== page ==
T.R., while I realize that packing up and moving is never as simple as it sounds, I have to ask why you would continue to spend your hard-earned rent money on a unit that is in such obvious need of repair? Surely, there are other places where you could live that would not have all of these problems. I am not an attorney and you may be well advised to seek legal advice if you plan on continuing to lease this unit. Since it sounds like you are determined to stay put you will likely have to apply pressure to your landlord who in turn will likely have to apply pressure to the Board of the Co-op to get these issues addressed. I know of many successful co-ops in our state that would never allow for such problems to exist for so long as these problems are very likely going on in multiple units and causing a serious devaluation of the individual units within the co-op. As for the specifics of the repairs and who can do what is largely an issue for your landlord and the co-op to haggle over. It isn’t so much a question of who is going to pay as it is a question of who has jurisdiction and responsibility. As a general rule, from the walls in are the unit owner’s responsibility. Everything else may fall on the co-op to repair. As a renter, your relationship is strictly with the landlord. You should review your lease and speak with an attorney to see what remedies are available to you. Also, you should protect yourself and your belongings with renter’s insurance. That might help you mitigate any future losses of personal property caused by damage that you cannot control or predict. All the best!

Condo Insurance Deductible Payment Required Before Repair Work is Completed

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A.S. from Massachusetts writes:

Dear Mister Condo,

Hi! The condominium’s insurance is covering the repairs to my kitchen after a flood in the upstairs unit resulted in my kitchen being taken down to the studs. The work has not yet been completed, but they have already billed me for their deducible and are pressing hard for payment now. My preference is to wait until it is finished given that one of the cabinets does not open due to their design, the paint is incomplete, and the appliances have not been hooked up.

Mister Condo replies:

A.S., I appreciate you wanting to make sure the repairs are made to your liking before the job is finished but you are not the one who negotiated with the contractor to do the work. You are bound by whatever terms the insurance company negotiated with the contractor. You certainly have a right to speak to your insurance company about those terms but if they agreed to pay for the work upfront, so did you! Actually, you are not paying for the work as much as you are paying for your deductible. It may feel you are paying for the work because the work is being done inside your unit. The reality is that the insurer is paying for the work and you are just paying your share by covering the deductible. The good news is that the association had insurance in place to cover these repairs and you are getting a lot of new materials installed that should add value to your home. My advice is to pay the deductible as asked and reserve action against the association if the work is not performed as required. Good luck!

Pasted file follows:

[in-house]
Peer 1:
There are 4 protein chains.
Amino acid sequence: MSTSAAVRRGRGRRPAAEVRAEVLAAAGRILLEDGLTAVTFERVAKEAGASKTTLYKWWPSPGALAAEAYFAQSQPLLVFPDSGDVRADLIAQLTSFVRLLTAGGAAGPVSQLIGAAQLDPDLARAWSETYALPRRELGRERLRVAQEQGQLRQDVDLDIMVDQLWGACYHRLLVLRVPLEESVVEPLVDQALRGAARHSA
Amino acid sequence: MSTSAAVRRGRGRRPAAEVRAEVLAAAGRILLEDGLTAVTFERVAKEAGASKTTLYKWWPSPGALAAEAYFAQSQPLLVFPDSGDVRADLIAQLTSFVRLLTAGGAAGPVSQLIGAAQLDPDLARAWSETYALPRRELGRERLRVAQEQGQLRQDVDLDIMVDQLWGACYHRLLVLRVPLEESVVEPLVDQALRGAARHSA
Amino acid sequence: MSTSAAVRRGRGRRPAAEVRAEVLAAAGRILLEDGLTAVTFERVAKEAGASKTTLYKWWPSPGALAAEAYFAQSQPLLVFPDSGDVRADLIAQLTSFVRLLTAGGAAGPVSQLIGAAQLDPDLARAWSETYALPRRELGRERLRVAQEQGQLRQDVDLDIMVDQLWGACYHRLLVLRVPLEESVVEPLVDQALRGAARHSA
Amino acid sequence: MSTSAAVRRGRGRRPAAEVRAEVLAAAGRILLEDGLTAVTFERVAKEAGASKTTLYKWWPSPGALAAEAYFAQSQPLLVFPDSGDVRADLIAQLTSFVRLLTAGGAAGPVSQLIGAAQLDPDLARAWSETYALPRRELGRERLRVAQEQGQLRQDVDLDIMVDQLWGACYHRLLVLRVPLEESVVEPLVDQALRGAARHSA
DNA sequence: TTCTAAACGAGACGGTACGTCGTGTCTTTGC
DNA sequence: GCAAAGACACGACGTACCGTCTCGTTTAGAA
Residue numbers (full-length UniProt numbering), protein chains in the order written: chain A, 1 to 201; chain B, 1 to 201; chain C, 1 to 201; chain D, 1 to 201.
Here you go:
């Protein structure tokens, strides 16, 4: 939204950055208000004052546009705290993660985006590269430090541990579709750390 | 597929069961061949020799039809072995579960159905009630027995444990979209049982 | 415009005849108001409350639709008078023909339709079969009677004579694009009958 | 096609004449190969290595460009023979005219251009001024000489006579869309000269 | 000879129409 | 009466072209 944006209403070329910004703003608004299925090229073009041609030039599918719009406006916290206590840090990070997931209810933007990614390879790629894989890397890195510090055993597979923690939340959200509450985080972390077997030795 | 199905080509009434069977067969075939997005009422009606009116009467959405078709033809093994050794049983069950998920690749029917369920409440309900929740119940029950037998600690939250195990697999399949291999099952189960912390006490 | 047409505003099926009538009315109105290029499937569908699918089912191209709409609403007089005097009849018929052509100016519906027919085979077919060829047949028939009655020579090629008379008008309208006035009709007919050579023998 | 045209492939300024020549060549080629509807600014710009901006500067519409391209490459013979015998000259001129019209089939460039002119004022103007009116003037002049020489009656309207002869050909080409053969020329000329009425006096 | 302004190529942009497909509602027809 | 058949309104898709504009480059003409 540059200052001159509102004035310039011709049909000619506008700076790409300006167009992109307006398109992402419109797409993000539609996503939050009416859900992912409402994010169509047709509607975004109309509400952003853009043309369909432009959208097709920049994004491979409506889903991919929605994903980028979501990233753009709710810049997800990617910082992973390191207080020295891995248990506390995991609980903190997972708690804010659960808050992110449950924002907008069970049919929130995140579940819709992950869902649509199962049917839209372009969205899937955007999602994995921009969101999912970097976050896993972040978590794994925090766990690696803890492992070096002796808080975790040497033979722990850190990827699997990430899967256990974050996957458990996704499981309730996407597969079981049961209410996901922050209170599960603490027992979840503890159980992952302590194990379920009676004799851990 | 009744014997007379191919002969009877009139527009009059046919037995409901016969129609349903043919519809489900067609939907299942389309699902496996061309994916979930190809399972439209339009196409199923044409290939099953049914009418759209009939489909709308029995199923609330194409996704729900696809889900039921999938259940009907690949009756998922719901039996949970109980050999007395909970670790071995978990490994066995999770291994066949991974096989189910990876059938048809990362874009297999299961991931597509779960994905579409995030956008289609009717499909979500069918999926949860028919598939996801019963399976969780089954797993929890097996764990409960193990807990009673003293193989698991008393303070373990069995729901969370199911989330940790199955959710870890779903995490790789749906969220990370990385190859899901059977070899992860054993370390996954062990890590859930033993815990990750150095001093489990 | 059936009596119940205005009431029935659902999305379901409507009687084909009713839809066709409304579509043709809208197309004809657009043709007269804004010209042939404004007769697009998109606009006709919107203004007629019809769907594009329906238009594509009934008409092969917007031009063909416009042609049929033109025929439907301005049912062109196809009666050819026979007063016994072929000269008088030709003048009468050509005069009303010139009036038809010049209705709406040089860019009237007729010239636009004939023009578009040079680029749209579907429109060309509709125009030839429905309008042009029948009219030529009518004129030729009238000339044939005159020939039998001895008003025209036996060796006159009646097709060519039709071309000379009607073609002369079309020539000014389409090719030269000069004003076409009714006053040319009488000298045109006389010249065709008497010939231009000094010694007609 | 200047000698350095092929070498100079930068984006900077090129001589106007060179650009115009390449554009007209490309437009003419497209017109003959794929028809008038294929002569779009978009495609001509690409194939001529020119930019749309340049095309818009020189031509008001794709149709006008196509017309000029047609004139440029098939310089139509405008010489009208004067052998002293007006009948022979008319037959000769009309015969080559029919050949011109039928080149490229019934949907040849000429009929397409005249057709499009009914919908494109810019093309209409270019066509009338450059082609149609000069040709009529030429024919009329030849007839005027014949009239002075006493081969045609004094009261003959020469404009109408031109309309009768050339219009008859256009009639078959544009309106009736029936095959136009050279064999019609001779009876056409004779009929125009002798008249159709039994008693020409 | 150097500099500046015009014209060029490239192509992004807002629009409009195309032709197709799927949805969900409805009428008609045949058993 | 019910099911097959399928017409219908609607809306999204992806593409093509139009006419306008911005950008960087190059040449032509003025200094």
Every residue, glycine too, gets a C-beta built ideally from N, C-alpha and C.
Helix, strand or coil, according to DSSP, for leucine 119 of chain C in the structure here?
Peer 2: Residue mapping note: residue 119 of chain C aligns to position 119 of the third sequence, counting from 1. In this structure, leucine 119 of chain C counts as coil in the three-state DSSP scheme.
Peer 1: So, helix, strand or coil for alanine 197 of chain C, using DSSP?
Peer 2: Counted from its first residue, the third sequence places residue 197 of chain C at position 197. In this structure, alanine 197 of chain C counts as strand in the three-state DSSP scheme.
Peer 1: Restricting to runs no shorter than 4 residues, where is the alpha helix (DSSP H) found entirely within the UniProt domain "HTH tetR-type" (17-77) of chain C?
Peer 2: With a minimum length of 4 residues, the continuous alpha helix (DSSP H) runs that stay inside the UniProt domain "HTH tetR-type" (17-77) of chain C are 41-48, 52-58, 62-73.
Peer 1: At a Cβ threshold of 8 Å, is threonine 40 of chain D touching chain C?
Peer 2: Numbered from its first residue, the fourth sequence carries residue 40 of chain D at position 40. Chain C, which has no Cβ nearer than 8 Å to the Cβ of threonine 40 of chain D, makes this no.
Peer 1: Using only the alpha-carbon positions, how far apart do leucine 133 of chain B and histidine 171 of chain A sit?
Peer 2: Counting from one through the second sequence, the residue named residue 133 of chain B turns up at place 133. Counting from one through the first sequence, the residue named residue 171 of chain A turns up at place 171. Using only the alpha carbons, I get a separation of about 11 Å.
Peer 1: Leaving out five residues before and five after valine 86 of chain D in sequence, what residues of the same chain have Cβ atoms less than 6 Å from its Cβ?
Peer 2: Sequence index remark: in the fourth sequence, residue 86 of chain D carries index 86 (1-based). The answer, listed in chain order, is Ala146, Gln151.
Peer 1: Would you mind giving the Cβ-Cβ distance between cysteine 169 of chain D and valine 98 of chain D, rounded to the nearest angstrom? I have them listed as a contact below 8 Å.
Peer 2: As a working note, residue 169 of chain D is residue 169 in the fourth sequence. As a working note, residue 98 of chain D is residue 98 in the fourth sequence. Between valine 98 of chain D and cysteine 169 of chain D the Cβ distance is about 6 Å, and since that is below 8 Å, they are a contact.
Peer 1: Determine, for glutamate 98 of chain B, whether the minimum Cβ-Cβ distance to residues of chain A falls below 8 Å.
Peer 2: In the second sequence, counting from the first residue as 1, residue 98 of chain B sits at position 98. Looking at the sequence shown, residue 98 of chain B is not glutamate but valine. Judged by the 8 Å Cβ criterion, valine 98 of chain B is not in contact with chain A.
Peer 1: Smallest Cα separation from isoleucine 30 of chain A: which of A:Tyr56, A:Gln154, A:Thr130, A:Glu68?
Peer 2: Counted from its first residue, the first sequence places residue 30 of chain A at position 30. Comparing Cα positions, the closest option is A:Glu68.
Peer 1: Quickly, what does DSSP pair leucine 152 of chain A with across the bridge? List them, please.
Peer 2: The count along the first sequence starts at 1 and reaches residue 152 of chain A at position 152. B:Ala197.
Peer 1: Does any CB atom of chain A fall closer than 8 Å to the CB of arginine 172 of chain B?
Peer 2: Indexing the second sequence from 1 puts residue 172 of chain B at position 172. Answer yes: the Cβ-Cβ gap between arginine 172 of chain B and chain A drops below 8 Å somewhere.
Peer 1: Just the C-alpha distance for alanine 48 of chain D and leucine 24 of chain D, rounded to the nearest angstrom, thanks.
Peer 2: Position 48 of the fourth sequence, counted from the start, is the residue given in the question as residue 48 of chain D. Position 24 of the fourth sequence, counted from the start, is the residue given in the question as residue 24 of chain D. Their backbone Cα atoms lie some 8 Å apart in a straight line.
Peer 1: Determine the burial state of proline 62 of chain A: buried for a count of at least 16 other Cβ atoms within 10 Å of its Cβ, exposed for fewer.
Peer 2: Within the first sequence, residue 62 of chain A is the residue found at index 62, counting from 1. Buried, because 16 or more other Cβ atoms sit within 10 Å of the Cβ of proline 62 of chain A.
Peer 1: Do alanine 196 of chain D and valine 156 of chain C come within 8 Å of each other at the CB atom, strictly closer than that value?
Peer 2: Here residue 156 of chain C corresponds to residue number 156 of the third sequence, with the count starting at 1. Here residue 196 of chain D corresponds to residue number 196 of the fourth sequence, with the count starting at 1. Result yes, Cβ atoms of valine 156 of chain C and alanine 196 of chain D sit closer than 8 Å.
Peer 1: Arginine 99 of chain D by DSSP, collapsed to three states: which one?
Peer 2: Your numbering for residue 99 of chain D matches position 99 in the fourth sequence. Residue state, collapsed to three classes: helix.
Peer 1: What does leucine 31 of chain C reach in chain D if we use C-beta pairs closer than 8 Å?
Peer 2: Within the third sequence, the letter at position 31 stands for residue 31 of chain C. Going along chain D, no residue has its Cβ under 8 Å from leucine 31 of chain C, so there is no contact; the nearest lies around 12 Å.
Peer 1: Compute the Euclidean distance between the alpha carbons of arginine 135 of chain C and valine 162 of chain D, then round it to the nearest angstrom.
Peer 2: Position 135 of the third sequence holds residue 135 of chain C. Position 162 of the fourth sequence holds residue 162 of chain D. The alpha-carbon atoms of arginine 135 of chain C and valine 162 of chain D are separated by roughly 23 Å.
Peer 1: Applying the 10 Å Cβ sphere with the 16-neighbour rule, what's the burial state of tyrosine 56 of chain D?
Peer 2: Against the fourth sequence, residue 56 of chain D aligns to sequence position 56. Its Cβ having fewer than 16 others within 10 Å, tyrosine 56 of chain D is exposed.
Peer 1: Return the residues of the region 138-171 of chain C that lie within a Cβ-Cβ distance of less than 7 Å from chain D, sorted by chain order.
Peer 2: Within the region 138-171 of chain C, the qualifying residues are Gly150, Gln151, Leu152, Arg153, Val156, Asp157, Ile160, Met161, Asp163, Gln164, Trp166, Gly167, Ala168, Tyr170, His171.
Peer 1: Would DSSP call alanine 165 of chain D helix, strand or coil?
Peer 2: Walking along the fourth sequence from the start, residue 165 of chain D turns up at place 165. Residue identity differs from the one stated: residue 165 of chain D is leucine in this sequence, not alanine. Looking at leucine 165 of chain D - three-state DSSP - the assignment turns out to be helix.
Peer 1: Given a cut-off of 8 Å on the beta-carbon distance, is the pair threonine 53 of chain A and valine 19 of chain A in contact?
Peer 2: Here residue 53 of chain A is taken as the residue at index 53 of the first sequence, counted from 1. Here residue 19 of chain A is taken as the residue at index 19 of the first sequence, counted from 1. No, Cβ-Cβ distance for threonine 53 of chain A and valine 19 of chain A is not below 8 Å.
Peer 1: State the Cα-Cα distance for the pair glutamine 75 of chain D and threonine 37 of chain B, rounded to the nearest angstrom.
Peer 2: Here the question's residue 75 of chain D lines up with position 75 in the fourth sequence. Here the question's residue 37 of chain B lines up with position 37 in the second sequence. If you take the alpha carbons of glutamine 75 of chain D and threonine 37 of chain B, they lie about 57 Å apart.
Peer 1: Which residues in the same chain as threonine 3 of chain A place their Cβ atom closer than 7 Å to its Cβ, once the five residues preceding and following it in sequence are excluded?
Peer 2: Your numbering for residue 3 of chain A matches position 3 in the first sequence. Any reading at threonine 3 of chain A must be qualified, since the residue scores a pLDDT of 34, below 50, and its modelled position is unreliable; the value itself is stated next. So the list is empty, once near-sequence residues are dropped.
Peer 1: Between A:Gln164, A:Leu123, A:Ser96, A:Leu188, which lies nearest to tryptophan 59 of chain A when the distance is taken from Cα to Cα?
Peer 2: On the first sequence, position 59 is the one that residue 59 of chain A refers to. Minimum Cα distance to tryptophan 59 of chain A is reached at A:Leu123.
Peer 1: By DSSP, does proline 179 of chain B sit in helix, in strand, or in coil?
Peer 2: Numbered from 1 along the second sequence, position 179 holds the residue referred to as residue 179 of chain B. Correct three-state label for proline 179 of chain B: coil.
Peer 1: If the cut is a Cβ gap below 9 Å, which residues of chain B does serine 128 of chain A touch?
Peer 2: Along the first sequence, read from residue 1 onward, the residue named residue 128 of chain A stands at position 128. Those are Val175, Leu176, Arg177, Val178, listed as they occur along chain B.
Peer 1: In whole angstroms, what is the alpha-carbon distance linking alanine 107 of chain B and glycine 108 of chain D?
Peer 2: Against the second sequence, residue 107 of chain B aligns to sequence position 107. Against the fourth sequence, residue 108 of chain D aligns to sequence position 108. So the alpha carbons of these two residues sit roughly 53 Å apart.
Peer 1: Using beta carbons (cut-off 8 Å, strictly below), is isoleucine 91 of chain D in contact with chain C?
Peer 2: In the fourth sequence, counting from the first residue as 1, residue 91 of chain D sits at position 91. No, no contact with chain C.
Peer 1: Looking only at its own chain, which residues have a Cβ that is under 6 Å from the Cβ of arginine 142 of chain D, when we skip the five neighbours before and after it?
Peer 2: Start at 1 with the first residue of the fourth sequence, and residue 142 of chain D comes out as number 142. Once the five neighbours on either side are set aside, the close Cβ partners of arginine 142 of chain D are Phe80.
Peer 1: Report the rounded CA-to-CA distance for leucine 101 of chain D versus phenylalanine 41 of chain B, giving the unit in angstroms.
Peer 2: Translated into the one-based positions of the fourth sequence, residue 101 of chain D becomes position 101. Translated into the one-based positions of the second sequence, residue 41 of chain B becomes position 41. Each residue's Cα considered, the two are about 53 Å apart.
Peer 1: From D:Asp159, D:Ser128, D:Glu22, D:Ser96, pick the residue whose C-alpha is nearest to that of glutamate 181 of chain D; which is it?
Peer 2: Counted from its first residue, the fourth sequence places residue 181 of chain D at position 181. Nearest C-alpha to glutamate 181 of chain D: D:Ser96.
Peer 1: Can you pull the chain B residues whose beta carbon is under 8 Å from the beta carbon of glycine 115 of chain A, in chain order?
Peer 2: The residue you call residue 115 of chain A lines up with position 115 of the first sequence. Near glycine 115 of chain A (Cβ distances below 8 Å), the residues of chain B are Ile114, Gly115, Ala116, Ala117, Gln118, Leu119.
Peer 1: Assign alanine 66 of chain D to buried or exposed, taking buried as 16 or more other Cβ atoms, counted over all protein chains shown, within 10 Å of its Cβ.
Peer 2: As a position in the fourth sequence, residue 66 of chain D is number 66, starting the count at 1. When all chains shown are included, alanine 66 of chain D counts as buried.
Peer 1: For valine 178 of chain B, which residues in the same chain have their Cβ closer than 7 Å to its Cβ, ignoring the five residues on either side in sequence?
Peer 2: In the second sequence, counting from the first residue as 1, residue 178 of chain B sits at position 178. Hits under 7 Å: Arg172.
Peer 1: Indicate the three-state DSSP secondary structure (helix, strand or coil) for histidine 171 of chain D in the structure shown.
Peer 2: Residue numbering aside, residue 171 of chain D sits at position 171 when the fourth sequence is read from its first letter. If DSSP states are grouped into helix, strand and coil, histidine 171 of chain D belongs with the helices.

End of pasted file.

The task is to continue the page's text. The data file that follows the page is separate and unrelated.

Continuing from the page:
HOA Board Governing but Not by The Rules!

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D.C. from New Haven County writes:

Dear Mister Condo,

There are 29 homes in my HOA. The board refuses to get training and dictates policy based on their judgement. They have dictated that we have to clear the snow from sidewalks in front of our lot. My lot front has a 10 foot set back. Shouldn’t all sidewalks be labeled common areas and therefore cleared along with the sidewalks in front of open spaces which are undeveloped? The board has failed to operate using the CT state statutes updated in July 2010. Members to the board were elected by show of hands. That allowed TWO votes per household instead of ONE / household. Robert Rules of order were not use!!! What can I do to get the board to comply with the CT Statutes? I placed my common fee in escrow and am being sued. Many Thanks

Mister Condo replies:

D.C., I am sorry for your problems. As you have seen, placing your common fees in escrow is not a good idea and you should not continue that practice as you can not only be sued but even foreclosed upon for continued nonpayment of common fees. Let’s talk about a better approach.

Your HOA has governing documents as part of the establishment of the HOA. I assume you have a copy of these documents and have ready them thoroughly so you have a starting point to explain your points to the Board. While there are no requirements that your Board receive training, there are requirement, under the law, that they observe the HOA’s governance documents and that they abide by any state and federal laws that may supersede those documents, such as the Common Interest Ownership Act (CIOA), to which you have referred.